|That's part of the El Yunque Rainforest!|
We picked up our Cruiser friends, Burt and April, about a half hour early, but they were ready. I still have this compulsion to be on time for appointments, although I realize more every day, that time is a little different here... So to absorb a little of the excess, I took the scenic route and found myself driving along a narrow, country road in the vicinity of a place I had marked for future exploration on my Google Map. With a car-load full of "Doubting Thomases" I took our trusty Honda off road in the direction of the little river that divides Fajardo and Ceiba, until I feared I might get stuck and my crew would refuse to help me dig us out!
We continued the walk to the river along an overgrown path, but the sound of rushing water reassured me that we were going the right direction. Suddenly, there it was!
The little stream babbled over a rocky bed, but there was a steep bank and we didn't want to get dirty... This was just a look-see mission on our way to Kayaking!
|Cool and inviting on a hot day!|
We backtracked and found a better spot further downstream where the river made a sharp bend. This would be a great place to set up a day camp! The river cut a steep embankment on the far side, complete with a little cave! The near side of the river was a gently sloping bed of rocks of all sizes! Just downstream was a lovely, deep pool, one of several Charco's Frio, where the water was slow-moving and clear.
|See the little cave across the river?|
My notes say that there is a waterfall further upstream called Las Tinajas, but that adventure, we will leave for another day! Our 30 extra minutes was ticking away so we filed this little spot away for the future!
We enjoyed the rest of the drive that wound down the mountains and through the little town of Fajardo, ending at the north -asternmost tip of the island.
Bahia Las Cabezas was the stunning blue that we don't have on our side of the island. Our eyes drank in the beauty for a few moments, then we got busy suiting up after a quick checking process with the very friendly young people of Pirate Snorkelling Shack. We had reservations for two tandem kayaks for two hours! Time to get crackin'!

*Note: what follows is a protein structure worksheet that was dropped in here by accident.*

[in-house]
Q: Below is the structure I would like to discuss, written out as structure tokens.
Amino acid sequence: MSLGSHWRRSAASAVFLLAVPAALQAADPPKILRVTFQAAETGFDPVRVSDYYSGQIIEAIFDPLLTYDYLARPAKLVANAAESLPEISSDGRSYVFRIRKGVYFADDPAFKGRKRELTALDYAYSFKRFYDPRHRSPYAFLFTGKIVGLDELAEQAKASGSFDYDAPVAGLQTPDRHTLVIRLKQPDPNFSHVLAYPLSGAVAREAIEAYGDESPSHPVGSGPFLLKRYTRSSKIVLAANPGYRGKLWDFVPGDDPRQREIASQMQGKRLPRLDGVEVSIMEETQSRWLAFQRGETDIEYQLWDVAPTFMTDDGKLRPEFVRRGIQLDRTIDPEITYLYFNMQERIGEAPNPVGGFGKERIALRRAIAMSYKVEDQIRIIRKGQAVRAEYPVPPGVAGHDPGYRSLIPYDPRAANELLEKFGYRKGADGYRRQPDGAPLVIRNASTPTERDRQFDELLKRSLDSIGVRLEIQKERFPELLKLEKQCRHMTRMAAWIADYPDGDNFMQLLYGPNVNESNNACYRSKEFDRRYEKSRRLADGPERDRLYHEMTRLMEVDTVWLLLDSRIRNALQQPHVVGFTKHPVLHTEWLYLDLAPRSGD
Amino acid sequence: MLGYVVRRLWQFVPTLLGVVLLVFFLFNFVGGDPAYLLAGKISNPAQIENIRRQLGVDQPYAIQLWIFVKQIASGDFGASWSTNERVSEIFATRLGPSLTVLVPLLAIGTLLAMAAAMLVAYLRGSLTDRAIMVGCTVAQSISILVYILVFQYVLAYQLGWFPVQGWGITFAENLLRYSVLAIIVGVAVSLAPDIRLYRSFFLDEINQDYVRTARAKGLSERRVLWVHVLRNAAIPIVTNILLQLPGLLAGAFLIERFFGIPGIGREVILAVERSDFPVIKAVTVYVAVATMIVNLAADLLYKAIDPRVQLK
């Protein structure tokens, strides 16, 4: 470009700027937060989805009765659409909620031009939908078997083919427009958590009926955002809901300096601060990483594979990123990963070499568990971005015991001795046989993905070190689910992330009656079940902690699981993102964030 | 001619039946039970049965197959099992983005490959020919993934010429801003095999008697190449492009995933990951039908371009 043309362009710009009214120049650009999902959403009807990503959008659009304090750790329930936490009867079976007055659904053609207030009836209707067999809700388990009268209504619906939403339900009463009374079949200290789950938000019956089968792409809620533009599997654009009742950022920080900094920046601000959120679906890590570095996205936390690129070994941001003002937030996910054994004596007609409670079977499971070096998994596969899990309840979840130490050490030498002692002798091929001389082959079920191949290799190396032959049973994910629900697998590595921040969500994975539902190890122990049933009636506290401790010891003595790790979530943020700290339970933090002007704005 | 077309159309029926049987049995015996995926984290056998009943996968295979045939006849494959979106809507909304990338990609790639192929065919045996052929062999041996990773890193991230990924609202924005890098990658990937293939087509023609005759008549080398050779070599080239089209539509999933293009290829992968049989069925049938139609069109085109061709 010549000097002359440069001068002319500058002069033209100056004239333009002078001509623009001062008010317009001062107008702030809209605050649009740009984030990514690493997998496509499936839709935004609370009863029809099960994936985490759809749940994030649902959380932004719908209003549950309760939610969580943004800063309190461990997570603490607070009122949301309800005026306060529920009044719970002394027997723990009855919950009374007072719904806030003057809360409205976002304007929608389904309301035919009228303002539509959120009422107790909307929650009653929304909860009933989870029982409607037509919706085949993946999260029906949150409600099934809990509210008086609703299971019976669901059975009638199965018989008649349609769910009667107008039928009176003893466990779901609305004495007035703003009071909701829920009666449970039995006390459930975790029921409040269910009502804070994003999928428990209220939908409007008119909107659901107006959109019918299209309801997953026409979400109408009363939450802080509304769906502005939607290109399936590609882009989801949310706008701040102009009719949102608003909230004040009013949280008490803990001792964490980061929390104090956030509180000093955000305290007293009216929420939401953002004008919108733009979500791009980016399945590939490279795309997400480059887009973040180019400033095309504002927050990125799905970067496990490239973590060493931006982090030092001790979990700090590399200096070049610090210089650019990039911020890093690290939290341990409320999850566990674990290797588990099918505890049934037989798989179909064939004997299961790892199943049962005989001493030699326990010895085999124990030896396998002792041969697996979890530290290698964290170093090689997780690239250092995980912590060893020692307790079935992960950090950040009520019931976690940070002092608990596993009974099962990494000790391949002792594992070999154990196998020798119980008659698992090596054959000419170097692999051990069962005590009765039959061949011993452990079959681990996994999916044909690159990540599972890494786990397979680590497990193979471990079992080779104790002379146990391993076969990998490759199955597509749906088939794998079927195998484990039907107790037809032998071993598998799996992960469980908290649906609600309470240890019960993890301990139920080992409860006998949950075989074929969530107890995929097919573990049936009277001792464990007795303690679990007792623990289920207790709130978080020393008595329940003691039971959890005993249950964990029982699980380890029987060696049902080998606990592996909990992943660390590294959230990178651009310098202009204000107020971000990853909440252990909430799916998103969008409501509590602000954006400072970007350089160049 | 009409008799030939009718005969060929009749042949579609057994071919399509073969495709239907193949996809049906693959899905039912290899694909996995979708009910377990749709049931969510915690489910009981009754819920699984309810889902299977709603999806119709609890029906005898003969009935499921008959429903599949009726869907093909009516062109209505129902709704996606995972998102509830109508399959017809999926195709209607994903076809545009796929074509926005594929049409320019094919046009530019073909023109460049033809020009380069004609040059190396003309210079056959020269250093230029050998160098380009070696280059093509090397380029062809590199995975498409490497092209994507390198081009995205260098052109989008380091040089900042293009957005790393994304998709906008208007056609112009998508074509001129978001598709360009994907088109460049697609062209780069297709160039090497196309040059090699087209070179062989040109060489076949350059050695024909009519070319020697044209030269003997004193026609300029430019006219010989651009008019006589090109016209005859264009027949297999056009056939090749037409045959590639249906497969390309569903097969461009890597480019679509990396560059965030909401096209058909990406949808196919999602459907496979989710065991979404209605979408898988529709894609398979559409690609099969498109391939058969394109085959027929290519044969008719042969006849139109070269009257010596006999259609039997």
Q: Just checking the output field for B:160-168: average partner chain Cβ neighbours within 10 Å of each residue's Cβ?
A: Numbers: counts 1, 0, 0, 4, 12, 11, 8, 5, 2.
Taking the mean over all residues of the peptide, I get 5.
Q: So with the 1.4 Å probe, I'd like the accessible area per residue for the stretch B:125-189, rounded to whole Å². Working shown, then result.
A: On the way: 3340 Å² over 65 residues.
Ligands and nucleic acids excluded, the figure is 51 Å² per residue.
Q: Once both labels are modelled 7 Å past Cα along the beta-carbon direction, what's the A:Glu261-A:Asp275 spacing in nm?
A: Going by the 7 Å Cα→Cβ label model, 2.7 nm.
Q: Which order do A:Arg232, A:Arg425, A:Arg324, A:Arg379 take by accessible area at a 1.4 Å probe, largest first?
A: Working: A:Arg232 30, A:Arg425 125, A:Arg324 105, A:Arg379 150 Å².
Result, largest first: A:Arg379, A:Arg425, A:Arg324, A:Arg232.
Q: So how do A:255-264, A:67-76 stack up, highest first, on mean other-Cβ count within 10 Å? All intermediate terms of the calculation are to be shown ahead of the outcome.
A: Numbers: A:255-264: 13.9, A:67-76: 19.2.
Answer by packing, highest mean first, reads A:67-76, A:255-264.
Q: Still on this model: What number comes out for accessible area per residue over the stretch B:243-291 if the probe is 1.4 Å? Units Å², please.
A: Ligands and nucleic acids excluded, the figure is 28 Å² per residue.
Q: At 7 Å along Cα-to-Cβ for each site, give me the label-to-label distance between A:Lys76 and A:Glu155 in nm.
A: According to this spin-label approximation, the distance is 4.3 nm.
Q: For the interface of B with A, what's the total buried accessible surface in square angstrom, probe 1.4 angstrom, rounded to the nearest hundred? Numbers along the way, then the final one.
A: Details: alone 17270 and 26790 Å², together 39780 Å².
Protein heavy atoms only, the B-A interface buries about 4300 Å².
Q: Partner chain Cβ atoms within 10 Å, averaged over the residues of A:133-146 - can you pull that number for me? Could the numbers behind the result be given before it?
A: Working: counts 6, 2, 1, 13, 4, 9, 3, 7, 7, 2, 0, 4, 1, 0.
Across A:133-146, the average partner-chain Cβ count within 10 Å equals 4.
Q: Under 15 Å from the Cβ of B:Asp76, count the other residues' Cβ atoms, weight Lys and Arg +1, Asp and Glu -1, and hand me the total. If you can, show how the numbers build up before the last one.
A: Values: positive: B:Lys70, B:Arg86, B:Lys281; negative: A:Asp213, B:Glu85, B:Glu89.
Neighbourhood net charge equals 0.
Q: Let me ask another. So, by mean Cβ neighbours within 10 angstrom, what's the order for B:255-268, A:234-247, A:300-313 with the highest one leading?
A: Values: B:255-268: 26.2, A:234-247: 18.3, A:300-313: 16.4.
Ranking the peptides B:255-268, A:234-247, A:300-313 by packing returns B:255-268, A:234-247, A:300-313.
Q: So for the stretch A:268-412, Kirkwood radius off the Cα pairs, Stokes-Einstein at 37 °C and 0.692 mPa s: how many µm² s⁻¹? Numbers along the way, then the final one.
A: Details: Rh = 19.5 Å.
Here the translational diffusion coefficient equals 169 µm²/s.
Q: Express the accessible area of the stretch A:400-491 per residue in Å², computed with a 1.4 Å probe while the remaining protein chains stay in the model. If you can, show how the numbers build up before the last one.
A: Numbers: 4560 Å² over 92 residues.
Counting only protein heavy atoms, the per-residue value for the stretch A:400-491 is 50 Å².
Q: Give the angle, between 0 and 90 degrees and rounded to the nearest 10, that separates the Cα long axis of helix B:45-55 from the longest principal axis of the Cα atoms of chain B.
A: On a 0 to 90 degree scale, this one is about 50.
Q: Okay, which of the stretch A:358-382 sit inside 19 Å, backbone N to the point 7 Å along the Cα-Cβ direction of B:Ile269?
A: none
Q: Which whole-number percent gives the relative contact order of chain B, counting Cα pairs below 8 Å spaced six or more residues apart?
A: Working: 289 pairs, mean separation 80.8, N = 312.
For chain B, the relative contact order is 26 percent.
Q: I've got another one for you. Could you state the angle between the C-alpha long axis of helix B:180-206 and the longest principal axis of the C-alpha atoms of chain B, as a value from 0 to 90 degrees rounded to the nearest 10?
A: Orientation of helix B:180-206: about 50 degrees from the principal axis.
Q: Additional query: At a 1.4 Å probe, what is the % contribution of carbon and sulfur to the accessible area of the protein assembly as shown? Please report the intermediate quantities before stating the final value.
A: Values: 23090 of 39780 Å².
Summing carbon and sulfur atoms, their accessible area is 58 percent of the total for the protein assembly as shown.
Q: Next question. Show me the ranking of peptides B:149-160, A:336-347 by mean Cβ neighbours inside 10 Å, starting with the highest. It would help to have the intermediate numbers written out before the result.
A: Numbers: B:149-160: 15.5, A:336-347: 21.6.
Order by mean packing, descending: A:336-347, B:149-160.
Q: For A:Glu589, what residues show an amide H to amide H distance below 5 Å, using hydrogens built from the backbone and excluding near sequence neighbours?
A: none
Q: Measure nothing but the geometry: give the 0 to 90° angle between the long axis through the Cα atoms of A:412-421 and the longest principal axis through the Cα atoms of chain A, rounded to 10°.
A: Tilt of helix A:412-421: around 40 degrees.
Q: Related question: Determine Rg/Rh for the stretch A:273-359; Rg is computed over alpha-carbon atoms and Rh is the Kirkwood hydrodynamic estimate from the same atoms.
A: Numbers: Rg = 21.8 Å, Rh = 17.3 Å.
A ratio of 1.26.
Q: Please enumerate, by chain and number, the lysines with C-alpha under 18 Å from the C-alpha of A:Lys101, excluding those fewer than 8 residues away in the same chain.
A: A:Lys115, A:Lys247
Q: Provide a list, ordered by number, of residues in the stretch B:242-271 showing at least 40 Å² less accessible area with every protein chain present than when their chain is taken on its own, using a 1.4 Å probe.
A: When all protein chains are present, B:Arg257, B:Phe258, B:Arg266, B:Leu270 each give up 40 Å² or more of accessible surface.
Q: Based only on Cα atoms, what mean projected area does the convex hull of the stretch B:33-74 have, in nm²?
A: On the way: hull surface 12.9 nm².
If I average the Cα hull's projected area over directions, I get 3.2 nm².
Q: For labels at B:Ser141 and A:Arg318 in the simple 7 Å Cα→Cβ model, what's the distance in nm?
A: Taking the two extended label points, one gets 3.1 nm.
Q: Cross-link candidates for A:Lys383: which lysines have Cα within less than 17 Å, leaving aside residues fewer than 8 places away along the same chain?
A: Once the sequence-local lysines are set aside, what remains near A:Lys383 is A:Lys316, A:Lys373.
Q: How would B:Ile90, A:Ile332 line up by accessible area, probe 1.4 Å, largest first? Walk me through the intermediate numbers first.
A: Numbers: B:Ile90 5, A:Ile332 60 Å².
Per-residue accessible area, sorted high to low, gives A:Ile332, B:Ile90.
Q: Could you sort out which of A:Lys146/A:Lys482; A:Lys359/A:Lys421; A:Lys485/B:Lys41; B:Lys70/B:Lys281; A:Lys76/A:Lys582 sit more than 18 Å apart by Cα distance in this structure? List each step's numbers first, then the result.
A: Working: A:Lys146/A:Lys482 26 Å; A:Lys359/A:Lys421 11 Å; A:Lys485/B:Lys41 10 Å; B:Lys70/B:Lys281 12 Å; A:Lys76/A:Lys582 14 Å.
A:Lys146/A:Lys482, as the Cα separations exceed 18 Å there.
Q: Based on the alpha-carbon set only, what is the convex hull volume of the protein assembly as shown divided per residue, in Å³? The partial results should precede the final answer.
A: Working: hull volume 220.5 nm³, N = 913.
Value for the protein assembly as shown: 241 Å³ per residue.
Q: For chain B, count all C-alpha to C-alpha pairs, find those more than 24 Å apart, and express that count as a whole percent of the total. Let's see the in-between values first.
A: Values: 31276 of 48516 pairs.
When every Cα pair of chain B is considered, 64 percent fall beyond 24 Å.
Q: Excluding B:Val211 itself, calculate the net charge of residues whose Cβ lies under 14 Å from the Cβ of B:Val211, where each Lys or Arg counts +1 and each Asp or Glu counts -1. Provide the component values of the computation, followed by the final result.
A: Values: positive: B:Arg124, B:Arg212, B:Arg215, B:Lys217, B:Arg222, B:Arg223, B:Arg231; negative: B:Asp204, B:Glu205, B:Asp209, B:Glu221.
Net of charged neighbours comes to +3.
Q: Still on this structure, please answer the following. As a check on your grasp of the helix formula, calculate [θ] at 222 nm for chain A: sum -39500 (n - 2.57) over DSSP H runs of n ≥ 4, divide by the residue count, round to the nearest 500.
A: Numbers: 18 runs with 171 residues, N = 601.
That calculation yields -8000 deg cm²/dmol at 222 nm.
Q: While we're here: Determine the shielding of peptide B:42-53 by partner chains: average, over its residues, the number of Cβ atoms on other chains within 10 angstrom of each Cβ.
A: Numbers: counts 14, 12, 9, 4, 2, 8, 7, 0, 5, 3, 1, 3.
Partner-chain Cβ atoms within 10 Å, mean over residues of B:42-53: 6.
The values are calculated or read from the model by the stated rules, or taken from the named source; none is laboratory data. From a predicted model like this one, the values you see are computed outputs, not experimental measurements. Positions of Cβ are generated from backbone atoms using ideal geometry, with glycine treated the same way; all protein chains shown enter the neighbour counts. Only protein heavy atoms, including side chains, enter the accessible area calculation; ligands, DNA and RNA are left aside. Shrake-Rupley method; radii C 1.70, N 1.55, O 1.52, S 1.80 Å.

|Burt and April heading for the reef.|
The beach and waterways are, of course, open to the public. We learned that we can come back here any time and kayak or swim/snorkel here free of charge! But, even though we live here, it's nice to support the local businesses now and then.
We paddled toward the protective reef that keeps the waters so calm here in the bay, every so often stopping to peer into the water to see what the bottom looked like. There were vast grassy beds with a few open sandy spots and some rocky reef areas. The map given to us by the Pirates showed several reef areas in the center of the bay, then all along the perimeter. We could see the big waves building and crashing on the reef making us very thankful for their protection!
The snorkelling wasn't enticing us enough to convince us to get in, so we continued on paddling, enjoying the exercise, the light breeze and the warm sunshine as our kayak rose and fell with the gentle swell. Ahhh what a life! This was perfection!
We headed for the more protected area deeper into the bay, and found a secluded spot on the sand to beach our boats. The boys went off snorkelling while us girls explored the beach, looking for shells. We felt so far away from civilization in those moments, we could easily have been on some deserted island in the Caribbean with no name, and not minutes from the busy city of San Juan!
|A quick dip to cool off...|
We could have lingered there all afternoon if we had brought a lunch... and if we weren't on the clock to return the kayaks! Fully refreshed, we took off paddling until our puny arms prompted us to head for base!
|Balneario Seven Seas|